Let's Examine the Word Tramp

The word tramp  was often used as a pejorative term to describe a vagrant man or a coquettish woman. It puts in mind individuals living at the edge of proper society, doing what they had to in order to survive. There is a hungry freedom to their lives that inspires both wonder and derision. This word is not used with great frequency in today's world so it makes sense that there is little understanding of what “Tramp Art” could mean.

The Truth About Tramp Art Makers

   The name for this art form was assigned by a critic several decades past its heyday. In 1959, Francis Lichten dubbed it “Tramp Work.” in the Pennsylvania Folk Life Magazine.

   Although this art form is termed “Tramp Art” there were fewer train riding hoboes than one might think.. Most so called Tramp Art makers were stable domiciled blue collar workers. Little is known about individual tramp art makers.. Very few pieces were signed and their creators may have made only a few of these intricate works in their lifetimes. During the time these works were being made, craft was craft, work was work, art was something out of reach -  nestled in a fancy home or hanging on the walls of a museum. These unsung craftspeople may have thought of themselves as creative, but it is doubtful they thought of themselves as artists. Their craft was intentful. Their objects had purpose and utility. In later decades what we have come to define and value is their whimsy.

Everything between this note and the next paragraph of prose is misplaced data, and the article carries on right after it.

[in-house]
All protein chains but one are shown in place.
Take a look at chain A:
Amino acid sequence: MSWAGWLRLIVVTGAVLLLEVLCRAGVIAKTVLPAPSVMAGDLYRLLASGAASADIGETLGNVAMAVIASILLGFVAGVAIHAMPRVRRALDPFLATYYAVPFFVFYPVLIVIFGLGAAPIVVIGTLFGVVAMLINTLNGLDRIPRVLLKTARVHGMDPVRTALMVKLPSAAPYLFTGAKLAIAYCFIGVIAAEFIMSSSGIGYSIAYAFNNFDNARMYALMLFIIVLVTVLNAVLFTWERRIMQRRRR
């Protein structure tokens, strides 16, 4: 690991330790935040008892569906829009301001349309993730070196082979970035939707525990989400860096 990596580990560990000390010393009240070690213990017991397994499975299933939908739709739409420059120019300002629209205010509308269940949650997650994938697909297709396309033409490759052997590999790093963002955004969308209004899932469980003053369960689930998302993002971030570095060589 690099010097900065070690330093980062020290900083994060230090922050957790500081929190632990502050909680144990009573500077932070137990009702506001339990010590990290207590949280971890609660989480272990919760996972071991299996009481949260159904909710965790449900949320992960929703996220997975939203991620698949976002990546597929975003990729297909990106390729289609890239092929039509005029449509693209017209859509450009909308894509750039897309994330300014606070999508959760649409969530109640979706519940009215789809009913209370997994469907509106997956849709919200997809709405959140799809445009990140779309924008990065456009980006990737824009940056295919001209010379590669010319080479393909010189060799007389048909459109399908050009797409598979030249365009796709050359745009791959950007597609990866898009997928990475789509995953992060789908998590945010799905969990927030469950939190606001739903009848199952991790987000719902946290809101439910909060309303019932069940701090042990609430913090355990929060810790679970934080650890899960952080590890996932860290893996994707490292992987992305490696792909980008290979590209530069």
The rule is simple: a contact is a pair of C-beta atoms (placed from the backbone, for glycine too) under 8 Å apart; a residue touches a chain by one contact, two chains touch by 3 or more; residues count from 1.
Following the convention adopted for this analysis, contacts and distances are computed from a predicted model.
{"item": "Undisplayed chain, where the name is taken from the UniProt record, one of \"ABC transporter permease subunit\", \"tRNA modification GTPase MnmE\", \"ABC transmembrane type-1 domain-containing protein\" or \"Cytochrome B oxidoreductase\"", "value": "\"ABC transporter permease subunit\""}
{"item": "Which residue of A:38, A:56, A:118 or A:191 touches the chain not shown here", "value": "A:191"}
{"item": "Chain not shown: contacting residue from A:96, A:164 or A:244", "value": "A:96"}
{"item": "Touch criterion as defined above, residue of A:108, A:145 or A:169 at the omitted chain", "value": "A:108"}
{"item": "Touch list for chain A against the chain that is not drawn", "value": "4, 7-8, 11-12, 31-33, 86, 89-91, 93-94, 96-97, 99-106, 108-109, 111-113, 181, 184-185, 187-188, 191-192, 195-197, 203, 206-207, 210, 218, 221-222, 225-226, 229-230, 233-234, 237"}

What  is Tramp Art?

   This style of art is a master class in turning actual trash into treasure. Back in the day, Repurpose and or Reuse were not ecological buzzwords like they are now. It was practical not to spend money on things you might want, but didn’t need. But if you made it yourself, from the flotsam of industry, well heck, why not? People made everything. Their communities were not commercialized in ways we accept today. When you needed something, you made it. Why in the world would you travel to a store and buy a loaf of bread, when you could make your own loaf at home? What we now call Tramp Art, was most popular in the US from the 1870’s to the 1940’s. This form was a highly accessible medium of self expression due to the startup costs being so low. Materials were largely found and therefore free. The only tools one needed were a pocket knife, glue, and nails. The wood used was salvaged, from cigar boxes or shipping crates for larger pieces.These materials were then notch carved into geometric shapes and layered together as frames, boxes, chests and even clock cases and bed frames! Each piece is one of a kind. None of them were ever mass produced. 

Tramp Art Up For Auction

  The large trunk  we have up for auction on July 24th is a large example of the form. It was made in two parts and then joined together. There is a piece on the back where it is clearly stamped, “Explosives Division” which leads us to believe it was salvaged from a mining operation or from a railroad construction site. This stamp lends credence to it being an authentic 19th century piece. The chest is approximately  42” wide x 16.5” tall x 22” deep. 

We also have the pictured pyramid box that stands 15" tall by 11" and a set of four picture frames the largest of which is 15" by 11".

Fine Estate, Inc. is a San Francisco Bay Area Company offering auction and consignment services.